21 February 2010


In times of change, I reach back for those most familiar, my touchstones to old foundation.  

Meus terra firma.

(*groan* my readers say. she's going to quote Joyce or Tolstoy or Yeats. some classic favorite she's mad about.)

Perhaps near the end. But here, near the beginning, I give honor to the name returned to me three times yesterday: Seth Godin. His blog rolls into my iGoogle every morning; he was referenced in a job application I completed; and his Facebook page sent me a notice. You can't ignore that.

Seth says:

"Your most vivid fears are almost certainly not the most important ones. We pay attention to the loud and the urgent. This can lead us to ignore the important and achievable paths open to us--because we're so busy defending against the overwhelmingly dangerous (but unlikely) outcomes instead." (Seth Godin's Blog, Feb. 21, 2010)

Life happens. Jobs change. People change or go away. Or come back. Medical procedures happen. Grief happens. I ride out the sorrow, fear, joy and hope, as tossed as the crab fishing boats on a stormy Bering Sea. I can only hope to be half as graceful as the mighty Hillstrands or the late Capt. Phil Harris.

Early this morning when the light was still pre-dawn out my window, the words of George Webber came to me, through unsettling dreams and foggy half-sleep:

from Chapter 47: Ecclesiasticus

". . .the essence of belief is doubt, the essence of reality is questioning. The essence of Time is Flow, not Fix. The essence of faith is the knowledge that all flows and that everything must change. The growing man is Man-Alive, and his 'philosophy' must grow, must flow, with him." (You Can't Go Home Again, Thomas Wolfe)

In this moment, the white and yellow daisies in a glass bowl on the table were given to me in love. I can hear my youngest child awake in the other room, and I'm fairly certain there is another cuppa tea in my very nearest future.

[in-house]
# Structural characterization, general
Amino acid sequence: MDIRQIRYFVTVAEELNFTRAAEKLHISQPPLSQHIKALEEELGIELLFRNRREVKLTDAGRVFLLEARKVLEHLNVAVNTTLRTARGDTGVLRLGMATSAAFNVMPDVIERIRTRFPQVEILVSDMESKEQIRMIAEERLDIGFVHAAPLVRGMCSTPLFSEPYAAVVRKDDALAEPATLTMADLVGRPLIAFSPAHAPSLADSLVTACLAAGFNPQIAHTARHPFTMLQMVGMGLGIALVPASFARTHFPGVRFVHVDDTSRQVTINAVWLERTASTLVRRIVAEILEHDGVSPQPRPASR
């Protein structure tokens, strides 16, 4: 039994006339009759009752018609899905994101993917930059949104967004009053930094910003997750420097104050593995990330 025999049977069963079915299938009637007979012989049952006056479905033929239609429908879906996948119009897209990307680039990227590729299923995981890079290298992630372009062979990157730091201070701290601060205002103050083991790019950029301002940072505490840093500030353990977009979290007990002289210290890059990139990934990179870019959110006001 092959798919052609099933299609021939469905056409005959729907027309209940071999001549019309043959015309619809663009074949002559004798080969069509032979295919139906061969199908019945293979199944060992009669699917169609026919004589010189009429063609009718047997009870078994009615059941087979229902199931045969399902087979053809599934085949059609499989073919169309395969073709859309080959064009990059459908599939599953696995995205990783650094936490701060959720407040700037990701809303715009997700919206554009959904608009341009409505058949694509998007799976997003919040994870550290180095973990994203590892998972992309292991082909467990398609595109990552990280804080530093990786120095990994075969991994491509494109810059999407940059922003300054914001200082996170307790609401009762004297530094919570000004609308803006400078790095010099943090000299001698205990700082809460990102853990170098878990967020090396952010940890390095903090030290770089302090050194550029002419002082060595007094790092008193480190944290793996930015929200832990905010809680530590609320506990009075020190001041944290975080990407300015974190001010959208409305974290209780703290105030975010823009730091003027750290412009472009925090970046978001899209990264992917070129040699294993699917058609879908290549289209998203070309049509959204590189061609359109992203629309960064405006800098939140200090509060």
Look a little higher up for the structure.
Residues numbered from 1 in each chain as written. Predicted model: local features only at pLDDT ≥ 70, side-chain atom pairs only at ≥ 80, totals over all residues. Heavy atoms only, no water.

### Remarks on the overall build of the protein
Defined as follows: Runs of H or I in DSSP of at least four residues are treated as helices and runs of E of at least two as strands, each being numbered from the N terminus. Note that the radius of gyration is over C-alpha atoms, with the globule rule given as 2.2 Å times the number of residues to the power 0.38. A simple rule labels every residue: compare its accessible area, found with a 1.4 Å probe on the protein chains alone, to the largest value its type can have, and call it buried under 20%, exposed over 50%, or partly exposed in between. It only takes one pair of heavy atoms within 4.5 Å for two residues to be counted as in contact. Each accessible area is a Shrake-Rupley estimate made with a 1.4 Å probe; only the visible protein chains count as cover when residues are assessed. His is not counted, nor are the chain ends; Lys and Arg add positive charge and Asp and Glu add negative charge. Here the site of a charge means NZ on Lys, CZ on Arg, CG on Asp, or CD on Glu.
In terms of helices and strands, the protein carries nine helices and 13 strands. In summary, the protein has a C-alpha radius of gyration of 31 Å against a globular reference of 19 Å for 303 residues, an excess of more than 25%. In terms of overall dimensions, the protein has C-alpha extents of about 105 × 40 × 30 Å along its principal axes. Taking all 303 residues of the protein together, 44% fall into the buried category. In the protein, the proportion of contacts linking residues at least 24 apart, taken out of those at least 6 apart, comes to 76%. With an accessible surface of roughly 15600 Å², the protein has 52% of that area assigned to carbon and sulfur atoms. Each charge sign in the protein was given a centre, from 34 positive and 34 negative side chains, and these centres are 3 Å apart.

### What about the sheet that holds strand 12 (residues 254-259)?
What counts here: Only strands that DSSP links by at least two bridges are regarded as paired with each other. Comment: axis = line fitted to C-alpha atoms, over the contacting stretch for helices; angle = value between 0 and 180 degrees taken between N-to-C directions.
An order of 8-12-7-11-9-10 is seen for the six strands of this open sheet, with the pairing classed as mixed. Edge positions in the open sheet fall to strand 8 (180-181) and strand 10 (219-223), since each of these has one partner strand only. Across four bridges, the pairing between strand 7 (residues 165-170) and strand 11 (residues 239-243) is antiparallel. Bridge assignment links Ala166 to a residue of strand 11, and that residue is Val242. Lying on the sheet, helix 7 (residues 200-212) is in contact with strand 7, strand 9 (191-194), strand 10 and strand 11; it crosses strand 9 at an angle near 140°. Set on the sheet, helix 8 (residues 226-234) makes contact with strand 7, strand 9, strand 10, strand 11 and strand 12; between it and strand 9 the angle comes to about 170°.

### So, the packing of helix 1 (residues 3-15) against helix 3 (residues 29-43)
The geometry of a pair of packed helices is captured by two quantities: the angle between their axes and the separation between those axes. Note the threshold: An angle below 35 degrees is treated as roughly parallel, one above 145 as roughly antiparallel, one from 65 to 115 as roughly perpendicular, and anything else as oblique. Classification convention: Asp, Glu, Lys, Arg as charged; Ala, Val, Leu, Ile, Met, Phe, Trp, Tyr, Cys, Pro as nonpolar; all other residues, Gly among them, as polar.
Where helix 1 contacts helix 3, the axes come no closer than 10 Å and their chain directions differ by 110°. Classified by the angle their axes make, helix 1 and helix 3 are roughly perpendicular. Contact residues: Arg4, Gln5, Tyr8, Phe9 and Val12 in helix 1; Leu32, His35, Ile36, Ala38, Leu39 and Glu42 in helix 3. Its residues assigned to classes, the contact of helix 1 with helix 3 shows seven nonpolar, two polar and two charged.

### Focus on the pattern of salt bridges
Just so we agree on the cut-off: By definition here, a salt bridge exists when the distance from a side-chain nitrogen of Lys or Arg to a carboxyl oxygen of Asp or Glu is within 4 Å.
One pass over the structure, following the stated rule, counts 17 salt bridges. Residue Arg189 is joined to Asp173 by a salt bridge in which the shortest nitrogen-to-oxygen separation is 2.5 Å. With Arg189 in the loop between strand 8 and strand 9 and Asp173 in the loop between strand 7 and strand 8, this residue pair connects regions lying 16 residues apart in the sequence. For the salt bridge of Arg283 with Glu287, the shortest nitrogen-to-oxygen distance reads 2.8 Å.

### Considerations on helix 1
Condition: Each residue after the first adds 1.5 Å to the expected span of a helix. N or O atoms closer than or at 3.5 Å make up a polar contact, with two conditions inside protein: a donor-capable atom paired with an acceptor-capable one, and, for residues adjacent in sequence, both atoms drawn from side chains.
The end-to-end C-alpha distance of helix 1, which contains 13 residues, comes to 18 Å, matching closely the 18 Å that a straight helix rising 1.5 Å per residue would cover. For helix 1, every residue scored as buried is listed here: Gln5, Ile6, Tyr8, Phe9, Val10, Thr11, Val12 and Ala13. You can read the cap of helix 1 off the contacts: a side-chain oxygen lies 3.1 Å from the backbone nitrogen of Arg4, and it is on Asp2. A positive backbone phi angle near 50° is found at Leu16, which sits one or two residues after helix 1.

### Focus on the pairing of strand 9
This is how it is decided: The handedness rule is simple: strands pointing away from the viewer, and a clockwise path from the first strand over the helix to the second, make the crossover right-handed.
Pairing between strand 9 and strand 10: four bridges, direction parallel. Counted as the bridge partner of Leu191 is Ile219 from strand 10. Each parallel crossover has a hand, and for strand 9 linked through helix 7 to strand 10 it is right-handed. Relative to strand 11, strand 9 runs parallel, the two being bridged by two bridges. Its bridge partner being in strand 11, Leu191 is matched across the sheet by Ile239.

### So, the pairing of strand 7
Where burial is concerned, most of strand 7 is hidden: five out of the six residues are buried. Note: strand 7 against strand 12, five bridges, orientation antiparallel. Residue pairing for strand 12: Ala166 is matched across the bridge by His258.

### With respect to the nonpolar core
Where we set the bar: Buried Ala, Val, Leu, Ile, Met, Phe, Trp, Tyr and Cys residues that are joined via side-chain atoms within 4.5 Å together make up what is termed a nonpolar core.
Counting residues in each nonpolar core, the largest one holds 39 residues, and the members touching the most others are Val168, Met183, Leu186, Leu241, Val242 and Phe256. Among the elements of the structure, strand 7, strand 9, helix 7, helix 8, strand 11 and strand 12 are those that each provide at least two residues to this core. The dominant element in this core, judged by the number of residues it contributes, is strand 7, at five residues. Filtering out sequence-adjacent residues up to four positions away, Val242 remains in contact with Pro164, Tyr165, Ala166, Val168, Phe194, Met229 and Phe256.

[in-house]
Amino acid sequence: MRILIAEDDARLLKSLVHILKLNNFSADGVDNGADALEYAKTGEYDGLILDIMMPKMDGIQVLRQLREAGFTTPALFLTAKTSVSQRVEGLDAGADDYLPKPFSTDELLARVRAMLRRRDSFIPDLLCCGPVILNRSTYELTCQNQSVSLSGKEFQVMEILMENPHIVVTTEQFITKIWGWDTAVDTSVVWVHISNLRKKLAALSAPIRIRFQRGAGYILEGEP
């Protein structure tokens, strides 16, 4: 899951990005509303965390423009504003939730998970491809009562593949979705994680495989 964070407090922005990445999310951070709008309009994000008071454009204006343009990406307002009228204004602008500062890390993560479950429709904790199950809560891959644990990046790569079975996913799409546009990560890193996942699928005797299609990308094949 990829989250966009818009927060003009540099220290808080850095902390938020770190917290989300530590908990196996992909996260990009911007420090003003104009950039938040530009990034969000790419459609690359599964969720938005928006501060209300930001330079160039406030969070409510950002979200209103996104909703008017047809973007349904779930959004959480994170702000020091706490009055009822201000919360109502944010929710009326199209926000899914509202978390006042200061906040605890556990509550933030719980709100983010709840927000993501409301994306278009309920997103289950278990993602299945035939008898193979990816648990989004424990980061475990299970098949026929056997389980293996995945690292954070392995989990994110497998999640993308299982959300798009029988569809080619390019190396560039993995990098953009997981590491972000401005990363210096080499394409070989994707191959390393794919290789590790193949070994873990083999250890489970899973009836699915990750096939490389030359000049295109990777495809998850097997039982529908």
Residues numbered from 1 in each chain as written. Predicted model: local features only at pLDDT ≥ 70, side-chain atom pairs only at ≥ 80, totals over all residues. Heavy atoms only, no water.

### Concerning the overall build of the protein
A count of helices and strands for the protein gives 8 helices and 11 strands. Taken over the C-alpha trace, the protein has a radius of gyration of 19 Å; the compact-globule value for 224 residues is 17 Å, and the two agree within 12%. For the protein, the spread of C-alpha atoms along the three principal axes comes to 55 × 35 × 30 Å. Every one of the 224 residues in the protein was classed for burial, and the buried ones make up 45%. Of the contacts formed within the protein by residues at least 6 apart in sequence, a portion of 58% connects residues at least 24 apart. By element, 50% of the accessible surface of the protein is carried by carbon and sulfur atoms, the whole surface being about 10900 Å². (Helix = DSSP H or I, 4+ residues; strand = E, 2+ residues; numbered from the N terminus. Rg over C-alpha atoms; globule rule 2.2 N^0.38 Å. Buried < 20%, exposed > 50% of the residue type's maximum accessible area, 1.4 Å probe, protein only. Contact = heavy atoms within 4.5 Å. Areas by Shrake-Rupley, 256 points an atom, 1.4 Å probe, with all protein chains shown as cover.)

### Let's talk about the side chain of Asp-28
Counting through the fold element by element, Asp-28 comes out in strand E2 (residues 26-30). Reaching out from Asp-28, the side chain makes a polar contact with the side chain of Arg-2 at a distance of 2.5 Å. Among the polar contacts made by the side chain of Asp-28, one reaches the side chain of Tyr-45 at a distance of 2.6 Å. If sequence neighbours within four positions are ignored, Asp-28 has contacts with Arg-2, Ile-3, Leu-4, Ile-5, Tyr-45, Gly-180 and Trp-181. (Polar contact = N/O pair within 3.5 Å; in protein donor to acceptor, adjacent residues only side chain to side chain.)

I remain grateful.


13 February 2010

this is called the Mystical Whole

Reading the Teh Ching today, and the chapter suddenly sounded far more familiar than from my own studies:

from Chapter 56: "He who knows does not speak. He who speaks does not know."

Jackie Chan's voice spoke the words in my head. It took my brain a few minutes to do a data sort, seeking the recognition (visualize the Windows turning hourglass or Mac spinning rainbow).

From The Forbidden Kingdom (2008):

Jason Tripitikas: What do we do now?
Lu Yan: How good is your Gung fu?
Jason Tripitikas: [puzzled look]
Lu Yan: He who speaks, does not Know; He who Knows, does not speak. Surely you're masterful.

One of my favorite movies. How could anyone not adore the first and only movie (so far) starring both Jackie Chan and Jet Li? I've watched it more times than I can count. First at the HD theater, Cinetopia, and lately every time I'm channel surfing and it's on HBO.

I suppose I shouldn't be surprised to hear Taoism from a Chinese Immortal, Jackie's character, Lu Yan. Sometimes the dots don't come together too quickly for me. Probably means my learning is not complete.

No surprise there.


23 January 2010

real life is way too funny

Here's my latest comedic bit*:

"The economy is still pretty rough where I live. Last night I was in my car, stopped at a red light, and I got rear-ended by a licensed massage therapist. She gave me her insurance info, her card, and phone number. And 10% off."


True story - you can't make up stuff like that.

"An attorney standing on the corner witnessed the entire thing."


Thanks, folks. I'm here all week.


*Inspired by my sister-in-law's husband, comedian Justin Worsham. He is a funny guy. Check out his website at www.justinworsham.com or on Facebook at www.facebook.com/justincomedy.